Jane Eyre HTML version

Chapter 9
But the privations, or rather the hardships, of Lowood lessened. Spring drew on:
she was indeed already come; the frosts of winter had ceased; its snows were
melted, its cutting winds ameliorated. My wretched feet, flayed and swollen to
lameness by the sharp air of January, began to heal and subside under the
gentler breathings of April; the nights and mornings no longer by their Canadian
temperature froze the very blood in our veins; we could now endure the play-hour
passed in the garden: sometimes on a sunny day it began even to be pleasant
and genial, and a greenness grew over those brown beds, which, freshening
daily, suggested the thought that Hope traversed them at night, and left each
morning brighter traces of her steps. Flowers peeped out amongst the leaves;
snow- drops, crocuses, purple auriculas, and golden-eyed pansies. On Thursday
afternoons (half-holidays) we now took walks, and found still sweeter flowers
opening by the wayside, under the hedges.
I discovered, too, that a great pleasure, an enjoyment which the horizon only
bounded, lay all outside the high and spike-guarded walls of our garden: this
pleasure consisted in prospect of noble summits girdling a great hill-hollow, rich
in verdure and shadow; in a bright beck, full of dark stones and sparkling eddies.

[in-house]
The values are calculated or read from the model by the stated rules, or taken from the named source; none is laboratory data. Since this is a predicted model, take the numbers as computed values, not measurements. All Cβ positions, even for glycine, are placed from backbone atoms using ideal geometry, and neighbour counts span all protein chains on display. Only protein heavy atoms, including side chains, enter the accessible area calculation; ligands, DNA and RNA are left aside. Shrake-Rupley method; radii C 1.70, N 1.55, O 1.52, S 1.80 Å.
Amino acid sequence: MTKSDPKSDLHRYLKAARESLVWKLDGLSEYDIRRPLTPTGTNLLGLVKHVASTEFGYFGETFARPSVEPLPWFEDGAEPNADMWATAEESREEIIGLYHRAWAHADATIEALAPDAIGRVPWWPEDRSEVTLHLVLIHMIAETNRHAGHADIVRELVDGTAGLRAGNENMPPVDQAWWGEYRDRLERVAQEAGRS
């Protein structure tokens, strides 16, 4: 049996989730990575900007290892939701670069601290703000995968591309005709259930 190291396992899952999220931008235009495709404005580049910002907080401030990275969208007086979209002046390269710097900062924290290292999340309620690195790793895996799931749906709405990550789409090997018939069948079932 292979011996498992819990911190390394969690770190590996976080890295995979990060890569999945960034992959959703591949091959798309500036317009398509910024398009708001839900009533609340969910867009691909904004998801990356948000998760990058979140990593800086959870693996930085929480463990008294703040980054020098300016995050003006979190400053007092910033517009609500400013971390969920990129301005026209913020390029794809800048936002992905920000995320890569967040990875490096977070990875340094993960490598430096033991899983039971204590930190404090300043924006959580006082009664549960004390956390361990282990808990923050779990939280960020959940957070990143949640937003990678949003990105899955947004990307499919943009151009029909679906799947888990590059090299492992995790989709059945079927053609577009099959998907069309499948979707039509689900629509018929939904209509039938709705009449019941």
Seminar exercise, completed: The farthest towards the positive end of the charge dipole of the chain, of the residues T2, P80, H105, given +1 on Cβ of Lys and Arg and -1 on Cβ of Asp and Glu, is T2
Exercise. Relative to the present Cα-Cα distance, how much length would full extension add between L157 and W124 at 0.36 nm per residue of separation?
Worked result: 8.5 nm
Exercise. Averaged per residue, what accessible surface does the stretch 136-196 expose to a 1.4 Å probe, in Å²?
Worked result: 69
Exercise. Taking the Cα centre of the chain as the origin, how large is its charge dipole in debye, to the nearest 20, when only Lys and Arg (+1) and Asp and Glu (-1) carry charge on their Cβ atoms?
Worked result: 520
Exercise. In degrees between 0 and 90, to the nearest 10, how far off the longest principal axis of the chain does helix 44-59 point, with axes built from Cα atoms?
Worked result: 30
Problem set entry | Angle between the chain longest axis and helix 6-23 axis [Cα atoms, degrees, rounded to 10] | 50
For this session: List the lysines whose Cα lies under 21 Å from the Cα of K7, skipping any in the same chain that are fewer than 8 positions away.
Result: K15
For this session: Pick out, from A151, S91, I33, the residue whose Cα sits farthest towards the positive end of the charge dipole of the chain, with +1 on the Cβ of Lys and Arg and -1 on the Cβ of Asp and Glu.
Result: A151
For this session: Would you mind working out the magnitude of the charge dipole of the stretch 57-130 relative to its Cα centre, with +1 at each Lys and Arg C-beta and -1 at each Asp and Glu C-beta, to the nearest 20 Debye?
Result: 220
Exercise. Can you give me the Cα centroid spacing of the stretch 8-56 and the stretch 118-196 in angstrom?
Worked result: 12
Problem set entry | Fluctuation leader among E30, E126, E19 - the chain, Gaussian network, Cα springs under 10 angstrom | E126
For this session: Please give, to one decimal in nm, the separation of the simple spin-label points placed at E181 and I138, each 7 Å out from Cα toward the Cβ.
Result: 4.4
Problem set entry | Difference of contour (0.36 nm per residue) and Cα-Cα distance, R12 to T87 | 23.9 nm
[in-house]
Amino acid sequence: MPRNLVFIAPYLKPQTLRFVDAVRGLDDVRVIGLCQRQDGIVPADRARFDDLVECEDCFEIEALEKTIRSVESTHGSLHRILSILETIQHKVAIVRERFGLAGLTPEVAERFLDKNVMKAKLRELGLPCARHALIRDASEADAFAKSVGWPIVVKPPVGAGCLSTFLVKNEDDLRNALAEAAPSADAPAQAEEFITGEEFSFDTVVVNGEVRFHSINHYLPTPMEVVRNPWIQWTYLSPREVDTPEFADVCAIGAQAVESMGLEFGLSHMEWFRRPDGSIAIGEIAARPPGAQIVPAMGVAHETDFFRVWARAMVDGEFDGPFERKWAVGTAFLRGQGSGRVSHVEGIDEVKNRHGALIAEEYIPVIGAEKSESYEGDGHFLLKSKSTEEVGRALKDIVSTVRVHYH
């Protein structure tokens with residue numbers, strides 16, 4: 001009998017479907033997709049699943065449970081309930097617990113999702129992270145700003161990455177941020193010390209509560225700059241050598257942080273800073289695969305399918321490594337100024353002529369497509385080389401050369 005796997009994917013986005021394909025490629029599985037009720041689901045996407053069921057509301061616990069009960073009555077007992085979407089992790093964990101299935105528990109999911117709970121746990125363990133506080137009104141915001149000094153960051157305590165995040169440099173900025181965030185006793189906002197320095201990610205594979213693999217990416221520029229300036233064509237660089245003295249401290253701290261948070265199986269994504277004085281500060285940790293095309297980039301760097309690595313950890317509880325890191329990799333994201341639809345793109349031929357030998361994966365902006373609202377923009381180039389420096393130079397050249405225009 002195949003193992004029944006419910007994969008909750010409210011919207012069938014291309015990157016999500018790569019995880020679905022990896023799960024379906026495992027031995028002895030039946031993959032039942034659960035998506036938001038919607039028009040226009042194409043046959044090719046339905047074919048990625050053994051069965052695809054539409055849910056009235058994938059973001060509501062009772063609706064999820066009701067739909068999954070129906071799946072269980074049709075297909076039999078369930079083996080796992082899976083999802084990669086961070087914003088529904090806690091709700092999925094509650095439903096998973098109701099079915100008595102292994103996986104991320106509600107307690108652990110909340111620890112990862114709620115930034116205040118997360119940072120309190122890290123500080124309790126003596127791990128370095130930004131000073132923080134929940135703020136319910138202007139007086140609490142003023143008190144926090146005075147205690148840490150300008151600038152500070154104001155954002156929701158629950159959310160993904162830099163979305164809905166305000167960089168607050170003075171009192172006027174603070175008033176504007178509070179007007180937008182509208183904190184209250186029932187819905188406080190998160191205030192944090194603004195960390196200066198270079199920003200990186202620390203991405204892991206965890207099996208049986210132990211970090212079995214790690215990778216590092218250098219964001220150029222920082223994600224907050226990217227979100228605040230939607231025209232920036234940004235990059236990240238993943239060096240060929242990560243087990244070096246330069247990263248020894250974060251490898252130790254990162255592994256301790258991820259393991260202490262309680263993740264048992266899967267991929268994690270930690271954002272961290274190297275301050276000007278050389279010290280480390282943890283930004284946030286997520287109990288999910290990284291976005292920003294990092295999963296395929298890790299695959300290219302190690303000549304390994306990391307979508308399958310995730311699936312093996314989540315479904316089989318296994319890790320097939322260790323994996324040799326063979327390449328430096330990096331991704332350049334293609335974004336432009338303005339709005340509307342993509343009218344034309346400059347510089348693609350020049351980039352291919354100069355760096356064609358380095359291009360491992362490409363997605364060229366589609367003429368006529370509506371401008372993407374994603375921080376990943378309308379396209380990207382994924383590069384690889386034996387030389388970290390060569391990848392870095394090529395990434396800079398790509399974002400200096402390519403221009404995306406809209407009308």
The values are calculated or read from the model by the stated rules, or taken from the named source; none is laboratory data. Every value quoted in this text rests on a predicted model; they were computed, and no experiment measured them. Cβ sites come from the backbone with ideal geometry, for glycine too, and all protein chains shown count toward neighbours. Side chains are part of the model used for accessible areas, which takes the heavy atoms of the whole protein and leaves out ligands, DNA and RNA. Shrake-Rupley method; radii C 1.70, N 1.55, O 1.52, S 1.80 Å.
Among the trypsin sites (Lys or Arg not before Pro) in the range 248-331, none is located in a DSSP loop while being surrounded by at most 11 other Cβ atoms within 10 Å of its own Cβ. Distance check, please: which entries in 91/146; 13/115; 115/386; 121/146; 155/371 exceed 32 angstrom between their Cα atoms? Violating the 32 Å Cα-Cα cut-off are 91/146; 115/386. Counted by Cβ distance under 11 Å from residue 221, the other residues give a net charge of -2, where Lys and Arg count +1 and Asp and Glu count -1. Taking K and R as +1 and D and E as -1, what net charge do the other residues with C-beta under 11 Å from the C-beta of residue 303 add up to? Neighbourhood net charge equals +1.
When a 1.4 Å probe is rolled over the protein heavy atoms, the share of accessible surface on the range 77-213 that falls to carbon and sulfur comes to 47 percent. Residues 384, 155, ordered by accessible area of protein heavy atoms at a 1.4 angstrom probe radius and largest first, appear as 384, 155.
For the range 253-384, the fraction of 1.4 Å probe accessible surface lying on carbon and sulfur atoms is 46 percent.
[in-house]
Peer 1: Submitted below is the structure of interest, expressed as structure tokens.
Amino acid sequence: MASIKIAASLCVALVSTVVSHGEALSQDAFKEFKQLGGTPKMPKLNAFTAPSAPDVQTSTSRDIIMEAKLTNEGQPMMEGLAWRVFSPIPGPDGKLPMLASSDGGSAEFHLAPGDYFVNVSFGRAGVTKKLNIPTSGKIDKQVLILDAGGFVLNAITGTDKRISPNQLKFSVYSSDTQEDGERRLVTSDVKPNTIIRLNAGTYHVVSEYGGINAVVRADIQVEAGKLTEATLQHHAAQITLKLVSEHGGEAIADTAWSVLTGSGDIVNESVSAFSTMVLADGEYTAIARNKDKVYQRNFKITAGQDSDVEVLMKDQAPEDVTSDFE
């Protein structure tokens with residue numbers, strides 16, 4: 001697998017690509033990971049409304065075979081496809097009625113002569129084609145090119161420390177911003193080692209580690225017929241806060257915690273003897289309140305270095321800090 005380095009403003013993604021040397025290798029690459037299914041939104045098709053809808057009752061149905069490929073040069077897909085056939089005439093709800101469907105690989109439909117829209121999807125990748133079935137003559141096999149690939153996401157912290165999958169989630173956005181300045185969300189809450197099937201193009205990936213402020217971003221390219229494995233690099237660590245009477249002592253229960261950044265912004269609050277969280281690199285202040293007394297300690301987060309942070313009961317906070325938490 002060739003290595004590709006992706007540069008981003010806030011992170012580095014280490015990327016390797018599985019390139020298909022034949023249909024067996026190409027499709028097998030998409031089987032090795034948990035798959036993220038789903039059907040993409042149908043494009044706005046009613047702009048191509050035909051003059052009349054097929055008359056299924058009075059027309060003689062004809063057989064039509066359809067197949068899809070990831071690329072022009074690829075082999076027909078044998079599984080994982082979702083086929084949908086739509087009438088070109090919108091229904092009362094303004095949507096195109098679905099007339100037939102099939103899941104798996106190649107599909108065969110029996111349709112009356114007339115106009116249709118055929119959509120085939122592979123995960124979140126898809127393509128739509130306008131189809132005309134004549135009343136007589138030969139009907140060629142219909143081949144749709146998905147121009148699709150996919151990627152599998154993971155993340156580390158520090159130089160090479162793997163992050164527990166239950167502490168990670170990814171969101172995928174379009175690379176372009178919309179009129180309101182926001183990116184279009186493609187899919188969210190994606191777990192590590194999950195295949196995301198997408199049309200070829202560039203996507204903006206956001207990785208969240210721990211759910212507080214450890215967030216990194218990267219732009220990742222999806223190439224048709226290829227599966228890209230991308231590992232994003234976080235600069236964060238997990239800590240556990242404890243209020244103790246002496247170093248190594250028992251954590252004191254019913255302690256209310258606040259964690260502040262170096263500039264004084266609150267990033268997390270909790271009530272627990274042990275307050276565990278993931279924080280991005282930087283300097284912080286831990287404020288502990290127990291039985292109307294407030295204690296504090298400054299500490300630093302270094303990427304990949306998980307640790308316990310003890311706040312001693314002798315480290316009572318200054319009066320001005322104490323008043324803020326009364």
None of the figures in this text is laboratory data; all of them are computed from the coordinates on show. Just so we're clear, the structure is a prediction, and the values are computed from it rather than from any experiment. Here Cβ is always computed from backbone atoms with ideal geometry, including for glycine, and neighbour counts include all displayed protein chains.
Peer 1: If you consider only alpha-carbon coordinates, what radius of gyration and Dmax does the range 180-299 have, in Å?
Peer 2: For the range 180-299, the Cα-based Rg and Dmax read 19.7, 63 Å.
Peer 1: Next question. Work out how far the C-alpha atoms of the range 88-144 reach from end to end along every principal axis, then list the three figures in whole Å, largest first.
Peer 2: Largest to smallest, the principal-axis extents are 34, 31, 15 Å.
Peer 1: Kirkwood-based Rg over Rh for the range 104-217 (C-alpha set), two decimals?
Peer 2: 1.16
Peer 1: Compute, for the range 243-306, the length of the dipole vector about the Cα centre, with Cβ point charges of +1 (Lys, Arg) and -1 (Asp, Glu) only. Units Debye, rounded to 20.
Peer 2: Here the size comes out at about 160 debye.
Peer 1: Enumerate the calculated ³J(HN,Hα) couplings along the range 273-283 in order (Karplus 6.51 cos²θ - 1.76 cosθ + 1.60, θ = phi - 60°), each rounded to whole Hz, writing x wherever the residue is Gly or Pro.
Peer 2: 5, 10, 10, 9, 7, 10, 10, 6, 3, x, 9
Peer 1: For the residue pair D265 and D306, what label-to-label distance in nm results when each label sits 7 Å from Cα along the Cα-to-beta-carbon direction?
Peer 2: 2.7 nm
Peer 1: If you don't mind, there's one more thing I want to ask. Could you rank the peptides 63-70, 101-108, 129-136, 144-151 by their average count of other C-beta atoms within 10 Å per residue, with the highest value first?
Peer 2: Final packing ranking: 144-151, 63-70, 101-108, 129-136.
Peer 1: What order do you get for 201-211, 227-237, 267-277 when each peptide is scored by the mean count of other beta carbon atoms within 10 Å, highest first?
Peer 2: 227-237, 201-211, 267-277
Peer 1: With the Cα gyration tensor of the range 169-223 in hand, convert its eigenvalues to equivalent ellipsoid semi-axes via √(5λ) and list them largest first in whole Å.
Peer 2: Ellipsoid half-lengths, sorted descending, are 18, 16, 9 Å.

How different had this scene looked when I viewed it laid out beneath the iron
sky of winter, stiffened in frost, shrouded with snow!-- when mists as chill as
death wandered to the impulse of east winds along those purple peaks, and
rolled down "ing" and holm till they blended with the frozen fog of the beck! That
beck itself was then a torrent, turbid and curbless: it tore asunder the wood, and
sent a raving sound through the air, often thickened with wild rain or whirling
sleet; and for the forest on its banks, that showed only ranks of skeletons.
April advanced to May: a bright serene May it was; days of blue sky, placid
sunshine, and soft western or southern gales filled up its duration. And now
vegetation matured with vigour; Lowood shook loose its tresses; it became all
green, all flowery; its great elm, ash, and oak skeletons were restored to majestic
life; woodland plants sprang up profusely in its recesses; unnumbered varieties
of moss filled its hollows, and it made a strange ground-sunshine out of the
wealth of its wild primrose plants: I have seen their pale gold gleam in
overshadowed spots like scatterings of the sweetest lustre. All this I enjoyed
often and fully, free, unwatched, and almost alone: for this unwonted liberty and
pleasure there was a cause, to which it now becomes my task to advert.
Have I not described a pleasant site for a dwelling, when I speak of it as
bosomed in hill and wood, and rising from the verge of a stream? Assuredly,
pleasant enough: but whether healthy or not is another question.
That forest-dell, where Lowood lay, was the cradle of fog and fog- bred
pestilence; which, quickening with the quickening spring, crept into the Orphan
Asylum, breathed typhus through its crowded schoolroom and dormitory, and,
ere May arrived, transformed the seminary into an hospital.
Semi-starvation and neglected colds had predisposed most of the pupils to
receive infection: forty-five out of the eighty girls lay ill at one time. Classes were